‘NYC Chinatowns are open for business!’ 1

Mayor de Blasio applauds at his press conference denouncing increased discrimination against Asian-Americans and the decreased patronage of Flushing businesses in the wake of the novel coronavirus, now referred to as Cov-19. Councilman Peter Koo is seated at right.

The novel coronavirus has not yet affected the health of Queens residents, but the disease has greatly impacted Chinese-run businesses, especially in Flushing.

According to an estimate by the Flushing Chinese Business Association, the neighborhood has seen a 40 percent decrease in business since the rapidly spreading illness became a national concern, despite there being no confirmed cases in the state. 

City Council Speaker Corey Johnson (D-Manhattan), Councilmember Peter Koo  (D-Flushing) and various representatives from city and state health departments as well as Flushing business representatives, attended a Feb. 13 press conference hosted by Mayor de Blasio at the New World Mall in Flushing to encourage New Yorkers to continue patronizing Asian-American owned small business. 

“In hard times, New Yorkers know to stand by their neighbors. We’re in Flushing today to embrace Asian-American-owned small businesses and say to all New Yorkers: New York City’s Chinatowns are open for business!” de Blasio said at the conference. 

The disease, officially referred to as Covid-19 as of Feb. 13, has claimed over 1,357 lives and infected over 60,000 individuals worldwide, according to a live CBS count.

Gov. Cuomo announced on Monday, Feb. 10, that there continue to be no confirmed cases in the state, though test results on one potential case in Queens remain pending. The Centers for Disease Control and Prevention has tested 23 state samples since the outbreak, 22 of which have come back negative. 

Despite the low risk of contracting the disease, fear-induced discrimination toward Asian Americans, especially Chinese Americans, has notably increased.

“There is no reason to avoid public settings, including subways and — most of all — our city’s famous Chinese restaurants and small businesses,” said city Department of Health Commissioner Dr. Oxiris Barbot. “While it is understandable for some New Yorkers to feel concerned about the novel coronavirus situation, we cannot stand for racist and stigmatizing rhetoric, or for myths and half-truths about the virus.”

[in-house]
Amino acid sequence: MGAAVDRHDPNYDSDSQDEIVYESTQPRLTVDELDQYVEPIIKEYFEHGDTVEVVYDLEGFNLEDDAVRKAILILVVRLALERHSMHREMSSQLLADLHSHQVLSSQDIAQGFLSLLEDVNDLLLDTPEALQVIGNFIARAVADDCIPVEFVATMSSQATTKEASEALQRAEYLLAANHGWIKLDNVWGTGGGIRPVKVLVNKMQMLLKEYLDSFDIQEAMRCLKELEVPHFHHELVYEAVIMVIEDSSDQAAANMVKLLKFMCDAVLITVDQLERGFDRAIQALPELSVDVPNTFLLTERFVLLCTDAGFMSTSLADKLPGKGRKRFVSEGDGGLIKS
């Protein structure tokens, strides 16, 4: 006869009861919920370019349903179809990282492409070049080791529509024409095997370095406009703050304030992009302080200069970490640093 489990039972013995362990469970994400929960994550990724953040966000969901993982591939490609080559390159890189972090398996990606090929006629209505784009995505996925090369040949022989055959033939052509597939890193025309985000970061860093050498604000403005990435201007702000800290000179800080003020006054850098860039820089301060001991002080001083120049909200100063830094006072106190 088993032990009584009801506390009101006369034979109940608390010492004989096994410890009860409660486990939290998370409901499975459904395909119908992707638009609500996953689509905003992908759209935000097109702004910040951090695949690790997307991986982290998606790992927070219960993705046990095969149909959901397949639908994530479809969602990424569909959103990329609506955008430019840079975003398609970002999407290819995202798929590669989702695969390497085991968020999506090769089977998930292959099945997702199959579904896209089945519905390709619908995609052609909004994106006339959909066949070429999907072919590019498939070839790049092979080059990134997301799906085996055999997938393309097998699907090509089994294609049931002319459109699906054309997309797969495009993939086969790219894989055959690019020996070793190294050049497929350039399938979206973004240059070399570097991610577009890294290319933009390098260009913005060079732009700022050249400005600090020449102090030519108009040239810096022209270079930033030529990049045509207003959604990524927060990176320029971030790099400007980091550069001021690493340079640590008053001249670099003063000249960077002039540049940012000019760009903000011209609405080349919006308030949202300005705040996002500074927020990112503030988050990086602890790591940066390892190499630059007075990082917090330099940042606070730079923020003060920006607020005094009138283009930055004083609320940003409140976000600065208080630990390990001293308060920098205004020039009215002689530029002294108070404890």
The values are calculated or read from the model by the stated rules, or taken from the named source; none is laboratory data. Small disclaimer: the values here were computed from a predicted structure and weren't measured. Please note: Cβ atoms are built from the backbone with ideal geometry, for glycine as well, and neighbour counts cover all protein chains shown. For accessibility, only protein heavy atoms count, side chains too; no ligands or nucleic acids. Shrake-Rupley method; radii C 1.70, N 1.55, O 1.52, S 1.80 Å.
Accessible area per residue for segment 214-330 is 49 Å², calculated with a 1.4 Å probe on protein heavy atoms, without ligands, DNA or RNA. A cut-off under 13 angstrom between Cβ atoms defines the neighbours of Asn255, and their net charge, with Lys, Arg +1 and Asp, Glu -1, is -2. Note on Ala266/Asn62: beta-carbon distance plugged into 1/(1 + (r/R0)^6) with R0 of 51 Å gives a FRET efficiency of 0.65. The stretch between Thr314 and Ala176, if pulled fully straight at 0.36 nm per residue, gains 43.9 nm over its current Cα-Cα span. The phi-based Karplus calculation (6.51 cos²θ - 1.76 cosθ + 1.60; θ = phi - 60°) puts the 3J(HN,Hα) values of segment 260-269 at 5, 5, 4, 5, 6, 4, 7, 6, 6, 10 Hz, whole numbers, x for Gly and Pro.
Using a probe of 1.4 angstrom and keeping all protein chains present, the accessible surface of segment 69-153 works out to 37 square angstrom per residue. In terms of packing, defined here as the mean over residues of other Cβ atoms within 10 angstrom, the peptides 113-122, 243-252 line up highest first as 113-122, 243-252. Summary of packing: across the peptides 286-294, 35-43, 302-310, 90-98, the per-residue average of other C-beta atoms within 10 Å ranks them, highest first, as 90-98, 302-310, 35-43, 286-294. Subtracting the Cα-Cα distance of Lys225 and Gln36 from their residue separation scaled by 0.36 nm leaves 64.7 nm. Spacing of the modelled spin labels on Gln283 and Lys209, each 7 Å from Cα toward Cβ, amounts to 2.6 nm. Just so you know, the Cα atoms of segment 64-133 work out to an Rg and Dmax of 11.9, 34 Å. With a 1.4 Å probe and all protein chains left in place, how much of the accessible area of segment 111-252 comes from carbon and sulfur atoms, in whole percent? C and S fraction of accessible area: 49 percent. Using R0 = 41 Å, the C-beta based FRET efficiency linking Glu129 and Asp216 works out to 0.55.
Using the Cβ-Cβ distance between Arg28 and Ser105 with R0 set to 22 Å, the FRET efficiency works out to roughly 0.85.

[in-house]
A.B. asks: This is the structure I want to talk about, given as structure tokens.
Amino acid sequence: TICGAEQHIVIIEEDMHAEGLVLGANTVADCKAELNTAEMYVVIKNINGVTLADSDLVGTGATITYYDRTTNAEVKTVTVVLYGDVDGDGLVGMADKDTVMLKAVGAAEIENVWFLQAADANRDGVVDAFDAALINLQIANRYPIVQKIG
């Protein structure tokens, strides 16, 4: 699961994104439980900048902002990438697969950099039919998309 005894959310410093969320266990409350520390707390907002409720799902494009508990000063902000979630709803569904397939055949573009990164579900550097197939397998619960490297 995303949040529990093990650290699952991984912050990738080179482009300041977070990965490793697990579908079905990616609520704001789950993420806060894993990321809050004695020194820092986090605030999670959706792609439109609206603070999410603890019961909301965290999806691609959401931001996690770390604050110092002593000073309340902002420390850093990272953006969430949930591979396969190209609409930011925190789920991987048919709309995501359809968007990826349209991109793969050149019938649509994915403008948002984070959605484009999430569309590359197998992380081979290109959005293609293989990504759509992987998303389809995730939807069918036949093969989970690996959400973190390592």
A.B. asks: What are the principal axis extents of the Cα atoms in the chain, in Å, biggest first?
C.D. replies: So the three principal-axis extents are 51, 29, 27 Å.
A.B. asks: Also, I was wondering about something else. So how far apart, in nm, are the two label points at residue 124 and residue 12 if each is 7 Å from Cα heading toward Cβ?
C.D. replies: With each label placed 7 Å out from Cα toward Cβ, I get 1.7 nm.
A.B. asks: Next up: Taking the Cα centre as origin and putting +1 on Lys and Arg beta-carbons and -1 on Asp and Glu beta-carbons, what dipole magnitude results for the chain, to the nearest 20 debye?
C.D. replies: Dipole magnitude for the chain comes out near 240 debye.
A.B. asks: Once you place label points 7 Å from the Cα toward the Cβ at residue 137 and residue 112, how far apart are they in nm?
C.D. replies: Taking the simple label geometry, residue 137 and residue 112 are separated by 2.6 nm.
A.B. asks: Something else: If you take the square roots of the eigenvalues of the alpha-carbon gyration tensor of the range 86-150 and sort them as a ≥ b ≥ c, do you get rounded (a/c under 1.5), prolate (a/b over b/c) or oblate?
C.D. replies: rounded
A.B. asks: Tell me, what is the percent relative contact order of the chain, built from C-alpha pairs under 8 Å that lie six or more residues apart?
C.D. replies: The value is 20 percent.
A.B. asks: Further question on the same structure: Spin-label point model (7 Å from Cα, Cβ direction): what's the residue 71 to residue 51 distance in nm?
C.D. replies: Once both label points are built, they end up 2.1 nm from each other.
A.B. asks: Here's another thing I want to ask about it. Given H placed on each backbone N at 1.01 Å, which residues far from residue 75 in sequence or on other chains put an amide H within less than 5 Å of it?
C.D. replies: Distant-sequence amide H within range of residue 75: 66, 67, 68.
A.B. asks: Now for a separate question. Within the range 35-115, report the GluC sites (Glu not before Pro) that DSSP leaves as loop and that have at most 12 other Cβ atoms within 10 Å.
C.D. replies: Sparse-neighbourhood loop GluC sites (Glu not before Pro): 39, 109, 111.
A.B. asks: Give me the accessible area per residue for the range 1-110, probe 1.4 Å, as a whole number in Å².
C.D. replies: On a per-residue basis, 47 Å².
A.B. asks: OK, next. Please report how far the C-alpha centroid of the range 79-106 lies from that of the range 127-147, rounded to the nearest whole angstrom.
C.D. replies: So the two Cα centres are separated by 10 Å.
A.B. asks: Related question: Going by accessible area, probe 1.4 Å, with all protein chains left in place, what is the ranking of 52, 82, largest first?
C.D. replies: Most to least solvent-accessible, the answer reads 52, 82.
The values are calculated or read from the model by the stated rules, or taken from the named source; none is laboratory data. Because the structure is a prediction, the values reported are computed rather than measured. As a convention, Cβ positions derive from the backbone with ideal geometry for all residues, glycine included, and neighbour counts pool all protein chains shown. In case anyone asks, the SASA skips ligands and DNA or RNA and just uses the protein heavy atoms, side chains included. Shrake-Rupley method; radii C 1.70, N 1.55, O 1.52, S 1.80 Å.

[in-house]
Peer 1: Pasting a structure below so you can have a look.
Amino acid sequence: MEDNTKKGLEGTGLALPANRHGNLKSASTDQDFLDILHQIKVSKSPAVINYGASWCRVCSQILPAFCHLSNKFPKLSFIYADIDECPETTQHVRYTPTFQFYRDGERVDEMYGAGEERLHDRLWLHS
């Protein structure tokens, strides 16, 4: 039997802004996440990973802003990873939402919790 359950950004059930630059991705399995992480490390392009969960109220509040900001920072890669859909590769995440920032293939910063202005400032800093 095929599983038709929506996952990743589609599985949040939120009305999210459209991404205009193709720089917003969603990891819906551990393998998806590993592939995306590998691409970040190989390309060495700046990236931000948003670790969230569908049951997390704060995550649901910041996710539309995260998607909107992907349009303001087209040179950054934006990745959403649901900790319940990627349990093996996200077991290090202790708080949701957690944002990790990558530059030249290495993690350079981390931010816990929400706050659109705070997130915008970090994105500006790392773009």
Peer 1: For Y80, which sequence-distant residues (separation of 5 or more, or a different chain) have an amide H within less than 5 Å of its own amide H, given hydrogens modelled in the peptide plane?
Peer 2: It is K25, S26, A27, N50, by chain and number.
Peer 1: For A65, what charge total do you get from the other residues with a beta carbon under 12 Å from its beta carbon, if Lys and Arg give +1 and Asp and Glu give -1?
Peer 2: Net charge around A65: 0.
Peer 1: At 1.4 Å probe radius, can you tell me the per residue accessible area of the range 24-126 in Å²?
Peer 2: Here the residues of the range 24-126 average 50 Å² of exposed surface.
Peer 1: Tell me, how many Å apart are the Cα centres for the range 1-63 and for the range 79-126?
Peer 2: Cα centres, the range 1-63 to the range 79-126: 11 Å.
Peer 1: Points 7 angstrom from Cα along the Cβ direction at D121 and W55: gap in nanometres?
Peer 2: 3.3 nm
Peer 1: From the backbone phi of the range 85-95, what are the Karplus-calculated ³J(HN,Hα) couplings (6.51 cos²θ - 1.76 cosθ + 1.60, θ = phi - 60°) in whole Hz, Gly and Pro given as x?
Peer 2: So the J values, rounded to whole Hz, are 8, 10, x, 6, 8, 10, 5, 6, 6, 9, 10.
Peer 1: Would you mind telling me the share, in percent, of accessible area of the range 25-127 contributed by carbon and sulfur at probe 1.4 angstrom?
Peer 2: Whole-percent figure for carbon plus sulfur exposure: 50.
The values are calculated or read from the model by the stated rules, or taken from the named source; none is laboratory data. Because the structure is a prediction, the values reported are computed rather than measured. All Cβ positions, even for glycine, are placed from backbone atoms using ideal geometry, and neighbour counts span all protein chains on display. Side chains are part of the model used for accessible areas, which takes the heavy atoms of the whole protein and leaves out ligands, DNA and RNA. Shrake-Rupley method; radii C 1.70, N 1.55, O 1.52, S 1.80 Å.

Rep. Grace Meng (D-Flushing) warned of racism at a Jan. 31 press conference on the disease, stating that fear of its spread is not an excuse to discriminate.

“Naturally, there is much concern about coronavirus. But we must not abandon our small businesses based on unfounded fears,” said Meng in a statement following the event. “As I have said, people must not panic about coronavirus. People should be vigilant and prudent but they should go about their regular routines, and that includes continuing to support the many wonderful small businesses that call Flushing home.”

The conference advised the public to take preventive steps against contracting the illness that include cleanliness and visiting physicians if one isn’t feeling well, rather than avoiding persons based on race.

“Risks of infection in New York remains low, but I am gravely concerned by the increased xenophobia against the Asian American population in our city, specifically the Chinese community,” Dr. Henry Chen, President of Somos Community Care in Manhattan. “When people play off stereotypes, it distracts from the real risks and can lead to misperception and misinformation about the source of the virus.”

Despite the low risk of contracting the infection, Cuomo stated on Feb. 10 that he expects the disease to eventually make its way to the state. In a released statement, the governor called a New York infection “inevitable” and said he would not want to set a “false precedent” by claiming coronavirus would not come here.

The CDC and state DOH advise New Yorkers to continue safe practices as they would for any other illness, such as washing hands often with soap and water for at least 20 seconds and avoiding touching eyes, nose and mouth with unwashed hands. Individuals are also encouraged to avoid close contact with sick people, to clean and disinfect frequently touched objects and surfaces and to take precautions for others if one were to become ill, such as staying home if feeling unwell and covering a cough or sneeze with a tissue that should then be immediately discarded.

The DOH also reminds citizens to take similar precautions against the flu, an illness that is more prevalent in the state than Covid-19.

(1) comment

Helton

The first words out of the liberals' mouths are "racism."

It is not racism to be afraid of potential life threatening illnesses. It's fear based on the reality where this terrifying disease originated from. Also, since there is a 2 week incubation period for the disease, as well as the fact that there ARE many illegals living in Flushing (none of our politicians have the nerve to even deny this), there is a distinct possibility that at least one infected person may have brought the disease to Flushing.

If the disease was based in Central America, then people would be afraid to patronize South American type restaurants in Queens.

Welcome to the discussion.

Keep it Clean. Please avoid obscene, vulgar, lewd, racist or sexually-oriented language.
PLEASE TURN OFF YOUR CAPS LOCK.
Don't Threaten. Threats of harming another person will not be tolerated.
Be Truthful. Don't knowingly lie about anyone or anything.
Be Nice. No racism, sexism or any sort of -ism that is degrading to another person.
Be Proactive. Use the 'Report' link on each comment to let us know of abusive posts.
Share with Us. We'd love to hear eyewitness accounts, the history behind an article.